What we don't know about Sun Yat-sen

Travel reveals the gaps in our education

Fri, 2013-01-04 02:24 am

This week, our host department, the Office of International Cooperation and Exchanges at Nanjing University, provide a full-day tour of Nanjing, complete with driver and guide.  Our guide was a Nanjing native, a 25 year-old masters degree candidate in Linguistics named Yuan Yuan, but who asked us to call her Vivian.  Most Chinese students whom we have met have an English name, which Vivian says they typically adopt in middle school as they are learning English.  So one of the students in my class, Wang Li, is Lily, another of our assistants, Jia Shi, is Cici, and our very capable program assistant, staff to our host department, Jiang Peiye, is Sophie. 

Our day began with a trip up Zijin shan, the Purple Mountain on the east side of Nanjing, to the Mausoleum of Dr. Sun Yat-sen.  Dr. Sun is referred to here as Dr. Sun Zhong-shan, and I'm still a little unclear if the difference is one of dialect, or if one of his names is a pen name.  The trip to the complex was beautiful.  Purple Mountain has been preserved as a green space, covered in woods, broken by ponds, gardens and bamboo groves.  There are walking paths all the way up the mountain.  At times, we could see that they included elaborate elevated walkways.  We've heard that people hike to the top in the early morning to see the sun rise.  There are a number of sites on the mountain, but in between it's wild and natural.  Dr. Sun's memorial starts with an area of tourist shops preceding the turnstile into the site. A large gate announces the entrance and from it stretches a long gradually climbing path followed by a series of 392 stairs, broken at intervals by terraces and a series of buildings.  The stairs become steeper towards the top and culminates in the tomb of the leader.  All the structures are topped with blue tiles, as blue and white were the colors of Dr. Sun's Nationalist party.

Vivian told us that Dr. Sun is greatly honored in China, and in Nanjing especially.  He established the short-lived Nationalist government in Nanjing, and is seen as the father of modern China. His Nationalists helped bring about the end of the Qing Dynasty, and competed with and at times worked with the Communists in the troubled years from 1911 to 1949.  While Dr. Sun is seen as a great man, there is far less love for Chiang Kai-shek, the Nationalist who took his party (and many treasures from the mainland) to Taiwan once the Communists came fully to power.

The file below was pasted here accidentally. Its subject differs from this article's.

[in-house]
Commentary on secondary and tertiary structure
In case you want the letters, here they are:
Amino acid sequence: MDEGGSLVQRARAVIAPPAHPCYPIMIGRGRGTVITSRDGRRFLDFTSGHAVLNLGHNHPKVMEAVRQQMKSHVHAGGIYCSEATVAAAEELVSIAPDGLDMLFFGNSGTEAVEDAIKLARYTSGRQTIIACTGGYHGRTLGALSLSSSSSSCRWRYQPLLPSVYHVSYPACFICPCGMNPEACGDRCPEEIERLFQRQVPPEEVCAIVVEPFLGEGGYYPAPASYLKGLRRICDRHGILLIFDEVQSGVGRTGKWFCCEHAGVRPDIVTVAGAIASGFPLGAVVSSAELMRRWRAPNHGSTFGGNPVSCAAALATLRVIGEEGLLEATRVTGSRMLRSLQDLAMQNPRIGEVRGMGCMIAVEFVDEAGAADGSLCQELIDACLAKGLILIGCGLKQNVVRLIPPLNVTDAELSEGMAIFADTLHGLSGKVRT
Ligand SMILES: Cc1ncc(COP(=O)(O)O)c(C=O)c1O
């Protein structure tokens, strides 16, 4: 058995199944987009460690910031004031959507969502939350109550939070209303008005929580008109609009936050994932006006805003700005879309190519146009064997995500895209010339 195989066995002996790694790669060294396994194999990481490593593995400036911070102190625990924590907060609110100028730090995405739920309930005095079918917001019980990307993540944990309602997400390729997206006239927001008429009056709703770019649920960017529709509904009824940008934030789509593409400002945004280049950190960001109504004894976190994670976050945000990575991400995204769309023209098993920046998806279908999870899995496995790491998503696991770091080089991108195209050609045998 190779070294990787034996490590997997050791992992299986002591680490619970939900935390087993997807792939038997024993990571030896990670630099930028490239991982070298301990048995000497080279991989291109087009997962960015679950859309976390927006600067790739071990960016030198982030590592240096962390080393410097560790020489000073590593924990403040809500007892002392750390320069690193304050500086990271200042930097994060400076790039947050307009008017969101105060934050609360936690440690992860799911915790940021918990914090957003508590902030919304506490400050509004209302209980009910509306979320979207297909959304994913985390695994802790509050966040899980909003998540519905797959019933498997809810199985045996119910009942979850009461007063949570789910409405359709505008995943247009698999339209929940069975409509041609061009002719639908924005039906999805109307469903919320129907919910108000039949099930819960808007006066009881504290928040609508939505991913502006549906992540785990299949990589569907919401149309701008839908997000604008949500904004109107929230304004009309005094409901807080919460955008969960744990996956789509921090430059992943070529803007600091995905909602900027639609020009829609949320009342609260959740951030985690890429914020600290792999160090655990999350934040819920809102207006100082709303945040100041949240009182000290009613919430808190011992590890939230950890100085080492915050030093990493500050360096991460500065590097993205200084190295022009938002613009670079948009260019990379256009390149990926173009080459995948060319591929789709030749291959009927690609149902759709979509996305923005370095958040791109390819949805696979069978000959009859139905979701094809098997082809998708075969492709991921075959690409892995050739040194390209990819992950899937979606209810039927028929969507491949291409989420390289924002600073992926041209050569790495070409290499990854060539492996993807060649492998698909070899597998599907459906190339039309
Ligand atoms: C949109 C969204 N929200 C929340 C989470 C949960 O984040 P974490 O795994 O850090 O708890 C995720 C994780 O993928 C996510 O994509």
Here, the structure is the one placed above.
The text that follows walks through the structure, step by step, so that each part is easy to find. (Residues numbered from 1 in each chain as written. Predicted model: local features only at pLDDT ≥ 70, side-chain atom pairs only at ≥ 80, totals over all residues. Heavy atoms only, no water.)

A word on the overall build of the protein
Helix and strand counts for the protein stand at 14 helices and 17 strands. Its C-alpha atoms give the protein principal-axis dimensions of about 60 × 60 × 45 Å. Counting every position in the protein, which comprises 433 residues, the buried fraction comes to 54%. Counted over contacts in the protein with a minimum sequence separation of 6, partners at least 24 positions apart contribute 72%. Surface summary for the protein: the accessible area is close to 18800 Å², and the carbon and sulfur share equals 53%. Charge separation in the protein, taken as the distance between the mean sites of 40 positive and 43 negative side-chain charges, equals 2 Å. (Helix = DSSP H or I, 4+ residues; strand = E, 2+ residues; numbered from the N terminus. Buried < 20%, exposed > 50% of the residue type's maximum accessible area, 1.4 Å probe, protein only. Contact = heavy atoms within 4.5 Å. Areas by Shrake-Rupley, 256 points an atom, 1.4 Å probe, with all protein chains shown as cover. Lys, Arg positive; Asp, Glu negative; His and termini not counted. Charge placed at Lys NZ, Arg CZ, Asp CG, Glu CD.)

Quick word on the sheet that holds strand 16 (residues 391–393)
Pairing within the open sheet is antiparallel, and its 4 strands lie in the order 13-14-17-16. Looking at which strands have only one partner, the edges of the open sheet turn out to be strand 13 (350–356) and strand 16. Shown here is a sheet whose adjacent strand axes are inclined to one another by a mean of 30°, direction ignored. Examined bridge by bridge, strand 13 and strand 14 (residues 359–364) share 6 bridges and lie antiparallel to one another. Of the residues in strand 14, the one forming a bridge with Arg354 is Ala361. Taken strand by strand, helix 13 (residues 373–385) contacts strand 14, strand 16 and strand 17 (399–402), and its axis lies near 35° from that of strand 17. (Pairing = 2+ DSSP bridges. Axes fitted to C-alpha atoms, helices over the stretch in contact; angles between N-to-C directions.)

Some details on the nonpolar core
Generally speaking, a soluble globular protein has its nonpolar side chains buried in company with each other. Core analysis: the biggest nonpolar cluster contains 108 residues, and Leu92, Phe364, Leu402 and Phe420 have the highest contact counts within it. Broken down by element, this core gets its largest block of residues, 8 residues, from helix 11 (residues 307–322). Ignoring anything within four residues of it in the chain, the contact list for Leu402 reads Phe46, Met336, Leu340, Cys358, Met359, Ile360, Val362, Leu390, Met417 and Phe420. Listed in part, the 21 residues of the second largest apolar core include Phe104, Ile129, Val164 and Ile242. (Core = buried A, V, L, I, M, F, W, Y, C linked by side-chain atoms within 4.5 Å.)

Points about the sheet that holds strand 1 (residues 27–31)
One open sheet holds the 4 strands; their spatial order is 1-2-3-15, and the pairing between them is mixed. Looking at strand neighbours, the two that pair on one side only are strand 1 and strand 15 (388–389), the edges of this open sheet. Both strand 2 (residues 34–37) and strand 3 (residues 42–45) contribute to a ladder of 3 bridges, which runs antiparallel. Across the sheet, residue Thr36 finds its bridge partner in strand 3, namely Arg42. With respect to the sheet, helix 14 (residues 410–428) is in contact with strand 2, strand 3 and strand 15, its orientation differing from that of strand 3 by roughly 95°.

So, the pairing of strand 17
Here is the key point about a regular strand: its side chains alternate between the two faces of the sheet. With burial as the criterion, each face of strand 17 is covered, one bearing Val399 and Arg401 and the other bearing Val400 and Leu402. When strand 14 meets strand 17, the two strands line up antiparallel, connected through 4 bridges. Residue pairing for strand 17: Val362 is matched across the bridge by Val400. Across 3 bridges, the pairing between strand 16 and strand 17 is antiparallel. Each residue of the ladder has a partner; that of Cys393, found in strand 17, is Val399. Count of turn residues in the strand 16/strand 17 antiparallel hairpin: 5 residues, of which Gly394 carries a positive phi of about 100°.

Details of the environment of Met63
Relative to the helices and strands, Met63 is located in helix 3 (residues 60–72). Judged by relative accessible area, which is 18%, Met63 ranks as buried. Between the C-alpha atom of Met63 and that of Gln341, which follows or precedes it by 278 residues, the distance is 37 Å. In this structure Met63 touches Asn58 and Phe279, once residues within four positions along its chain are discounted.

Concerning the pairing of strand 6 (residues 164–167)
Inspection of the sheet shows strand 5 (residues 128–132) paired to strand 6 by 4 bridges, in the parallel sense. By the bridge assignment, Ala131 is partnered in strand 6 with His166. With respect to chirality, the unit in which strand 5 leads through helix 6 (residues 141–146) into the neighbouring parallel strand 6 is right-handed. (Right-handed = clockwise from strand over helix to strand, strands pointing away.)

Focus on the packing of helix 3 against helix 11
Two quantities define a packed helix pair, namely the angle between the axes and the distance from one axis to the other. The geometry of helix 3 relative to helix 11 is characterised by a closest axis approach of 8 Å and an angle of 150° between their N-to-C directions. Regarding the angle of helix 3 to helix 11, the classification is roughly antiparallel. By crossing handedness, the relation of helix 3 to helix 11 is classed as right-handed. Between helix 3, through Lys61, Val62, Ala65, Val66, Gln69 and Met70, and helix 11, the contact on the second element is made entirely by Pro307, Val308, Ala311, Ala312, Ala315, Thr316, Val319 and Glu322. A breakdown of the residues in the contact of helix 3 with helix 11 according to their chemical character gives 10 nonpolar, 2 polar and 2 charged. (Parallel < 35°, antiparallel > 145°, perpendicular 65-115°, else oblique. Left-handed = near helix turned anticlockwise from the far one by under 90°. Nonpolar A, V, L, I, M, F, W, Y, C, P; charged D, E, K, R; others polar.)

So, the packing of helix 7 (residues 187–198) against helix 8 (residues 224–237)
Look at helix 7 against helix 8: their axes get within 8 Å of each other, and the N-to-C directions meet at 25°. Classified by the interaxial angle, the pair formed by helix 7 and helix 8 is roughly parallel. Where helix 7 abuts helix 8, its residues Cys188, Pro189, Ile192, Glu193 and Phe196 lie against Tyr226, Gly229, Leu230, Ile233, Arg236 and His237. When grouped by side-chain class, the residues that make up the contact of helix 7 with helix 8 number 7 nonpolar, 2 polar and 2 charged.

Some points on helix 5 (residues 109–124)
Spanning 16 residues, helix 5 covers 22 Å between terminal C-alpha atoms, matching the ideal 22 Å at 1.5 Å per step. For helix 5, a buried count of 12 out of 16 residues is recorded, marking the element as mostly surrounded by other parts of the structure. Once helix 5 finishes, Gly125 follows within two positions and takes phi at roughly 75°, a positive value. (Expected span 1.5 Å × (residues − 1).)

The Mausoleum complex was swarming with tourists who stopped to read every inscription and have their picture snapped by friends and relatives. As far as I can tell, Chinese never take a picture without someone they know in it.  No straight scenery shots for them!  Later in the day, we also toured the former Presidential Palace, seat of the Nationalist government set on the site of a former Ming and Qing era palace.  Here we toured room after room detailing Dr. Sun's every movement for many years and keenly felt our lack of knowledge about this man and this period in Chinese history.  Only some of the labels were in English and it was hard to piece together the entire, complicated story.  We have resolved to find a book about these times and learn more about Dr. Sun.  The Presidential Palace was over run with even more tourists, many in tour groups who were literally running through one another as they passed from one place to another. Luckily, we found our way to a quiet garden and had a wonderful long talk with Vivian about her life.

We ended our day again at Fuzi Miao, toured the Confucian temple of the same name--a weird mix of traditional temple and kitschy statuary, very un-Confucian, and the Examination Hall.  In earlier times, to obtain a position as an official, a man would travel to Nanjing (or other large cities) to sit for a 9-day examination.  Locked into a tiny room, he would write essay after essay, eating and sleeping in his tiny space.  They have recreated a series of the rooms with figures and vignettes detailing some of who might compete for the positions and the rigors they endured which might include heat, cold, fire (and they were locked in!), snakes, and accusations of cheating.  As the evening wore on, the crowds seemed to swell in Fuzi Miao, and from a second floor restaurant, we watched the lights come up on the river (really, a canal) and the boats carrying tourists up and down.